Chances are, even someone who doesn’t immediately recognize the name Ray Parker Jr. will recognize his monster smash hit song “Ghost Busters” This is the amazing and fascinating story of Ray Parker Jr. who escaped the violence of the 1967 Detroit riots to become one of the most prolific session guitarists, songwriters and stars of the 70’s and 80’s. From award winning director and producer of the hit film, Hired Gun, Fran Strine unveils the never before told stories of Ray Parker Jr. who has given him unprecedented access to his story. You know Ray Parker Jr. as the artist who wrote and recorded Ghostbusters, but what you don’t know his his back story and what it took for him to get there. From the streets of Detroit to the Hollywood Walk of Fame, Parkers journey is one you won’t believe. (from Fran Strine)
If you know anything at all about me, it’s that I’m a huge fan of the original Ghostbusters film from 1984. I grew up on that movie and everything about it screams nostalgia for my childhood. And even today, some 38 years later, the title song, written by Ray Parker, Jr. is still a classic and a favorite of mine. The song was the top single of 1984 and only contributed to the phenomenon that was that supernatural comedy.
Who You Gonna Call? is a new documentary about the musical career of singer/songwriter and rhythm guitar player extraordinaire, Ray Parker, Jr. Most people know him for writing the theme song to Ghostbusters — heck, it even appeared at the end of last year’s Ghostbusters: Afterlife — but filmmaker Fran Strine set out to remind music lovers everywhere that Parker is much more of a celebrated musician than most may realize.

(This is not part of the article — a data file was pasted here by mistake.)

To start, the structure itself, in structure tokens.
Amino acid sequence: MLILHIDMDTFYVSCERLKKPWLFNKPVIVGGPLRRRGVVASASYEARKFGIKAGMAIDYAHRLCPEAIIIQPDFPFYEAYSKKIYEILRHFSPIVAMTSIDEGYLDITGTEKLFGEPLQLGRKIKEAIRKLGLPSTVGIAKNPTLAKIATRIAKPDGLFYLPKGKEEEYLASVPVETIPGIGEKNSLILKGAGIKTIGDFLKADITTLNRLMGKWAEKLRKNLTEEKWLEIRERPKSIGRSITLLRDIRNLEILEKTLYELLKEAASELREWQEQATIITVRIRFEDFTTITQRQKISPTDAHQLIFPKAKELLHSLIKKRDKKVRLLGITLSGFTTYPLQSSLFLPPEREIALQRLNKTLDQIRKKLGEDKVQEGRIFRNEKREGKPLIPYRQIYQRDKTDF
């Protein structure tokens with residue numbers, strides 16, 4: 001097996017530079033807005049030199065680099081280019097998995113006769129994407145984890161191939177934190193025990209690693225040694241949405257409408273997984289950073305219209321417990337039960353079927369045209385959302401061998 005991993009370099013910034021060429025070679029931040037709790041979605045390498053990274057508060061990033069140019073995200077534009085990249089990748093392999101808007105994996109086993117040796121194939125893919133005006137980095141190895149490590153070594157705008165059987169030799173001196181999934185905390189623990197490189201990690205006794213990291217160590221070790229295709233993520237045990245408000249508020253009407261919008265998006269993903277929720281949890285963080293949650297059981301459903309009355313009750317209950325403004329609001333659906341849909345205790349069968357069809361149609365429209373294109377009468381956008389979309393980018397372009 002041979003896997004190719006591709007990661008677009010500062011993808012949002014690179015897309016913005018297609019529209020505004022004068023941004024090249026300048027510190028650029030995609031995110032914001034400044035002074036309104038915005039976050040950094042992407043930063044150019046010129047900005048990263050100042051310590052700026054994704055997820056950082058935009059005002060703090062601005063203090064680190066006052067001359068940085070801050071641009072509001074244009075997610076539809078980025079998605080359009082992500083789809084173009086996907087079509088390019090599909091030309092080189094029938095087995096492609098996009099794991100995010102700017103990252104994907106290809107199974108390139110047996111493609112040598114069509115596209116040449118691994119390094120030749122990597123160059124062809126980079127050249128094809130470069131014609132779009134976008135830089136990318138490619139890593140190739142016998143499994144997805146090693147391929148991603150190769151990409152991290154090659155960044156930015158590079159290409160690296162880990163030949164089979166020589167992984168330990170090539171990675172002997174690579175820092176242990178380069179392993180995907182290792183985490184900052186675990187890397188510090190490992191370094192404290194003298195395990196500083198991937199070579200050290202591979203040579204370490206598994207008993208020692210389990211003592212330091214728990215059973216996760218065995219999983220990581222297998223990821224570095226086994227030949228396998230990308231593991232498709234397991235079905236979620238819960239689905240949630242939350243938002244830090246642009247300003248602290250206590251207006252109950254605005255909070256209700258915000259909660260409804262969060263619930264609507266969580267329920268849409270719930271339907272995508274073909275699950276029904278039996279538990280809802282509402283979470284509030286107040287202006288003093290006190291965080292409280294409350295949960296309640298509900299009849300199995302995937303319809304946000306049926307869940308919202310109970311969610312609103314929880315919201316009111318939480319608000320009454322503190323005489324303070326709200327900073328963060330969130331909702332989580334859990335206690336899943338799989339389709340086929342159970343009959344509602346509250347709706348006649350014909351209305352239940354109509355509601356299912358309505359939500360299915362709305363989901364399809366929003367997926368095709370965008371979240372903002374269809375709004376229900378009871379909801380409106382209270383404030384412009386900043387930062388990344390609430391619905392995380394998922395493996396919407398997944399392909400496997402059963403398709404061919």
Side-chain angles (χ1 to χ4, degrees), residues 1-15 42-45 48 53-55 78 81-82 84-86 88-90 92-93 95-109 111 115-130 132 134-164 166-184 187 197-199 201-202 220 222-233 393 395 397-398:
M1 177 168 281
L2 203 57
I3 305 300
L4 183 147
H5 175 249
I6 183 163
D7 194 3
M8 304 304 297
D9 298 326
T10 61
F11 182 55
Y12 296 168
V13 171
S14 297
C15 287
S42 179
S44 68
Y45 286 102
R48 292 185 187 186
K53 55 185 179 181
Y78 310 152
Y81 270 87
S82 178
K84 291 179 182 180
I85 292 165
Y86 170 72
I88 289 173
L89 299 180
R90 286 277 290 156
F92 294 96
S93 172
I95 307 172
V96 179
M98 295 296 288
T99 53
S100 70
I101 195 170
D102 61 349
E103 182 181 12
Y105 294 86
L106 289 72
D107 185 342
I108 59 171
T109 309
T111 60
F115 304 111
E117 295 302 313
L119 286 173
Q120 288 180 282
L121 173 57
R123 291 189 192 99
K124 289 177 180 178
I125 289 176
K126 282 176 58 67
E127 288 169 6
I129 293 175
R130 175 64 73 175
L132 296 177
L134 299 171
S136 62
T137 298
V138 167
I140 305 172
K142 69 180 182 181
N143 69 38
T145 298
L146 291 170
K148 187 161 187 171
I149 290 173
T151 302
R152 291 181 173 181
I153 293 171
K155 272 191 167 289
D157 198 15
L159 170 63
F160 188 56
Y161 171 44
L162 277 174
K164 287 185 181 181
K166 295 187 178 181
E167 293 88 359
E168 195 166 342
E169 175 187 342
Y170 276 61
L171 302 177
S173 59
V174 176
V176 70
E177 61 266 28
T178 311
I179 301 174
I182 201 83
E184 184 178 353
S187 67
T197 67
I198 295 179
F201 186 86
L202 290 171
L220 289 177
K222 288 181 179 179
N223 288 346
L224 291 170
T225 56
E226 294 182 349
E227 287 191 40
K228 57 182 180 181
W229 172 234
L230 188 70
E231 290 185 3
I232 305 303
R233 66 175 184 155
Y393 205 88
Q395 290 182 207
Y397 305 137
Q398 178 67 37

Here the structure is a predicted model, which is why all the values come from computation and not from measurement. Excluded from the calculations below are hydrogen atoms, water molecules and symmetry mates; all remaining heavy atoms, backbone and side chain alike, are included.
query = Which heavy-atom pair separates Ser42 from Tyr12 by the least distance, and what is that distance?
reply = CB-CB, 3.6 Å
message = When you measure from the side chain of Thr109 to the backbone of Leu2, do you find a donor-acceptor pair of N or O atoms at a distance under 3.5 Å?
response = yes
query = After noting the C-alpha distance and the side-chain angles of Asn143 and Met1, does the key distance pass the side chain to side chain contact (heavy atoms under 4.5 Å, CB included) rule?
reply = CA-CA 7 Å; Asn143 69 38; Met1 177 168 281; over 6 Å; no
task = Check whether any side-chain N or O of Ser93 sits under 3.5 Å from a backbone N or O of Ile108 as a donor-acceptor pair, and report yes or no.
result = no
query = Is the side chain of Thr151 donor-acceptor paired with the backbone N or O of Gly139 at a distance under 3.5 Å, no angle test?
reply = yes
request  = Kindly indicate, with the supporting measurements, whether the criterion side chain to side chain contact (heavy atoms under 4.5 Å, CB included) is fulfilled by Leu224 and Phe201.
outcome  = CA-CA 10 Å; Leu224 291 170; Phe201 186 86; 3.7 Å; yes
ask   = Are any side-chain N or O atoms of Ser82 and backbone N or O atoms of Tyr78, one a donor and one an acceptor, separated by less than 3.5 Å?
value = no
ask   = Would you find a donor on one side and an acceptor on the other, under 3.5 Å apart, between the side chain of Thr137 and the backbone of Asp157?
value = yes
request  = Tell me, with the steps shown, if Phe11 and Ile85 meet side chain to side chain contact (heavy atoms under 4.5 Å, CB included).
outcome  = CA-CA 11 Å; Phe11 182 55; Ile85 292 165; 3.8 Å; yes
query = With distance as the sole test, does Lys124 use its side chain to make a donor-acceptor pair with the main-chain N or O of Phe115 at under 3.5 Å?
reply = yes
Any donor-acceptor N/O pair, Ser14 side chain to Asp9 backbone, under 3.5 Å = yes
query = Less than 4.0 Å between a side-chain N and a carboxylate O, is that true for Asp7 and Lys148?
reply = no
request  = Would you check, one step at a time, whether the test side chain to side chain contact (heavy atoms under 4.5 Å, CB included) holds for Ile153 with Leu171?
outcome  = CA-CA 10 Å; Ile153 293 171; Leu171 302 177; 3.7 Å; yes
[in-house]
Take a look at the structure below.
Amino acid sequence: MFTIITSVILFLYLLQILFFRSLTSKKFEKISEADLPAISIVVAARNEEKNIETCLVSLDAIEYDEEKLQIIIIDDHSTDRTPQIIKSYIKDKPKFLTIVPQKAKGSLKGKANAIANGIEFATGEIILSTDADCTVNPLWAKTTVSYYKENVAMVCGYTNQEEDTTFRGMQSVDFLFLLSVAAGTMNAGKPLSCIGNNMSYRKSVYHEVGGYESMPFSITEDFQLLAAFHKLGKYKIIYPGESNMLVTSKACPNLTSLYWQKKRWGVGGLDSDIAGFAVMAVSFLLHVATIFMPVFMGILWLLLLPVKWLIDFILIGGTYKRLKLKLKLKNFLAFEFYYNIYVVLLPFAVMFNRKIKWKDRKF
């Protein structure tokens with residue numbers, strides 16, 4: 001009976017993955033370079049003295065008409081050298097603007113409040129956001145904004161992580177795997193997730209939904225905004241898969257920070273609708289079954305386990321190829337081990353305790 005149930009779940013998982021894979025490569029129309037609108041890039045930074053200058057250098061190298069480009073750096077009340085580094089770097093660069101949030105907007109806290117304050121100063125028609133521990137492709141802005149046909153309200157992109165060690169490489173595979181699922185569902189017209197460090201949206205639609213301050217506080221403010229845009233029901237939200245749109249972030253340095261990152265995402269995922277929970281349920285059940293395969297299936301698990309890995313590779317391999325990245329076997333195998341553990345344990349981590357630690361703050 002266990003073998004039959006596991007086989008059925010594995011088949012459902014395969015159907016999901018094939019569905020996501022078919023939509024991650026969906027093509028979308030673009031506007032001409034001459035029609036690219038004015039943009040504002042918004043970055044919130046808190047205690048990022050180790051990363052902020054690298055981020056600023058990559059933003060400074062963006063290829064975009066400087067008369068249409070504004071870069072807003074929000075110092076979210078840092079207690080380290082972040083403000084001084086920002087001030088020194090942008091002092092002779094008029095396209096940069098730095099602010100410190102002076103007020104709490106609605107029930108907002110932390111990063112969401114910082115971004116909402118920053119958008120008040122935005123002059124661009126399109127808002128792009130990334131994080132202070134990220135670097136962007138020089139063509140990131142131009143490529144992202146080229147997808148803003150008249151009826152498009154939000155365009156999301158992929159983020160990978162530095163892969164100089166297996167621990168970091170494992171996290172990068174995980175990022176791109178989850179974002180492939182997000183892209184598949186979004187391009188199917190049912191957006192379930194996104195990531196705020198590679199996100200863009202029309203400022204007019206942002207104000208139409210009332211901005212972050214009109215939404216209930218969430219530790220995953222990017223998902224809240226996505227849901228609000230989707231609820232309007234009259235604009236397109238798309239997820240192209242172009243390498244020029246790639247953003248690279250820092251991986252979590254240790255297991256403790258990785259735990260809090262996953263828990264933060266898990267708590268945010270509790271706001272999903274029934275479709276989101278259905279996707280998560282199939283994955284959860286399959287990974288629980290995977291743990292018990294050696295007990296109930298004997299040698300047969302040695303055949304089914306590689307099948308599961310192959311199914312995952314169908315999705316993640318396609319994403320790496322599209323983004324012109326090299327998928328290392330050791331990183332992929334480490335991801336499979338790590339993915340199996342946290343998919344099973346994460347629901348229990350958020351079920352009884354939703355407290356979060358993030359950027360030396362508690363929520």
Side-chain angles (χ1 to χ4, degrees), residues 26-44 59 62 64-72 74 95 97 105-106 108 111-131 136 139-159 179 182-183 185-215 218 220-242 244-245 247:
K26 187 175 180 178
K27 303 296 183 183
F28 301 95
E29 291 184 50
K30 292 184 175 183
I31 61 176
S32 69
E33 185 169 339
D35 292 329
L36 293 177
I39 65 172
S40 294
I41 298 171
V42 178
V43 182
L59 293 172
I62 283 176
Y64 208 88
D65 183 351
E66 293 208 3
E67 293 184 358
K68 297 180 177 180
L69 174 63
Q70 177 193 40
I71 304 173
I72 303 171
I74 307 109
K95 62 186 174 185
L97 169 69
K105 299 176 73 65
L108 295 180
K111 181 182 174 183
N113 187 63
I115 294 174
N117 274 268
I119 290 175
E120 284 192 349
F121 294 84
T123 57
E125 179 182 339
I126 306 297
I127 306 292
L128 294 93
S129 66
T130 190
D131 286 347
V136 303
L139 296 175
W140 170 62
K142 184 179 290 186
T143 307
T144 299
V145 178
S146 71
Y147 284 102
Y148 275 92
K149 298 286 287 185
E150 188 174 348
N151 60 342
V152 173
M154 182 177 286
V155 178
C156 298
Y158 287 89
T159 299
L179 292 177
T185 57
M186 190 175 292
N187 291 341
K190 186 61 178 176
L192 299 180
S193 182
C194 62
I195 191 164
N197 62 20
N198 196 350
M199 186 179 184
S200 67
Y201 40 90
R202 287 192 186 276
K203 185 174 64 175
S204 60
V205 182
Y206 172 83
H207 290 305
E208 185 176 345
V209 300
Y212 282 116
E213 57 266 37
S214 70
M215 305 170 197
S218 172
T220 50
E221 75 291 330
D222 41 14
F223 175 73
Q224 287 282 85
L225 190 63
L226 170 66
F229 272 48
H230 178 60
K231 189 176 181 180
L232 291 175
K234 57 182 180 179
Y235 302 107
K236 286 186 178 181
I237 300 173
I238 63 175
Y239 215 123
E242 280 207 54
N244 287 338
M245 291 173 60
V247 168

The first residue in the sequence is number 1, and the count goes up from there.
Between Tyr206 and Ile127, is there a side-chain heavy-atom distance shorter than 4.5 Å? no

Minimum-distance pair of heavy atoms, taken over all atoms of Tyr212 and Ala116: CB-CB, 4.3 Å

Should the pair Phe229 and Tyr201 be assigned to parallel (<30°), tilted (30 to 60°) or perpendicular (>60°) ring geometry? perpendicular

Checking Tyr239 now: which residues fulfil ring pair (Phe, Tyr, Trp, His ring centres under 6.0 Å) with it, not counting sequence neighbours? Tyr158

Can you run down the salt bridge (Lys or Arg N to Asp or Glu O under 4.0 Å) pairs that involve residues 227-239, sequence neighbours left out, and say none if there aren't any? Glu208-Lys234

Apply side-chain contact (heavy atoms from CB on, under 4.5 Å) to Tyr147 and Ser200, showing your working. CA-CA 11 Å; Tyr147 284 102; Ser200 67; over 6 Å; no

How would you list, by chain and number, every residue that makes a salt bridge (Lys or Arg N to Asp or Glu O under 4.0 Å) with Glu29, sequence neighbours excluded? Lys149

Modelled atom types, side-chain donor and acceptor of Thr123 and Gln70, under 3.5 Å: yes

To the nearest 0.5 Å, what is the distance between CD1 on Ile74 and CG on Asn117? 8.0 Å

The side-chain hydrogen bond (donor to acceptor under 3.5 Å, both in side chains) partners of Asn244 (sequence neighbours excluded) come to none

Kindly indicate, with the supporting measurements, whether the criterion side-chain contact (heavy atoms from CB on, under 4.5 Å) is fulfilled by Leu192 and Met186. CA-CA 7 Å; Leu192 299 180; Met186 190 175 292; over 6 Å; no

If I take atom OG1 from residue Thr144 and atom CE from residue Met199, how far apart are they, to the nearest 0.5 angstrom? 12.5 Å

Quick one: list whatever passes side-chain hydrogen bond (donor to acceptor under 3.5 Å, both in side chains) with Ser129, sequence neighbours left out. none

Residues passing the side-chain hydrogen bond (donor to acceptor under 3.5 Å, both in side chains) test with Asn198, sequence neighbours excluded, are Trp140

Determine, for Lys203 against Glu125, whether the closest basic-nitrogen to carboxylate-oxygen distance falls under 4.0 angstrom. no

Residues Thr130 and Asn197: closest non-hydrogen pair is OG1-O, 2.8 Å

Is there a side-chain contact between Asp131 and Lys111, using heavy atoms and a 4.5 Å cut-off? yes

For me, documentaries and biographies aren’t my go-to entertainment of choice, but I do like good behind-the-scenes documentaries that often accompany feature films as bonus features, so expanding my knowledge of Ray Parker, Jr. definitely interested me – especially since it involved his most memorable song.
The film is largely told by Ray himself, often sitting alone in a studio talking to the camera with a charming grin spread across his face. Some of his family weigh in at times, but most of the guests in the documentary are music industry vets, including Stevie Wonder, Clive Davis, Boz Skaggs, Bobby Brown, Herbie Hancock, Verdine White, Richie Sambora and David Foster. When we get to the Ghostbusters segment of the film (near the end), we hear from actor Ernie Hudson and the film’s director, Ivan Reitman. Ray’s story begins with his childhood in Detroit, and what it was like growing up there. He had a childhood band called The Stingrays that gained some attention, and we hear how his guitar playing talents gained him attention quickly. Also, turmoil on the streets of Detroit – including being grabbed and beaten by cops for no known reason – lead to the musician hiding out in his house and just playing guitar for hours at a time. He attributes these times to his growth as a musician.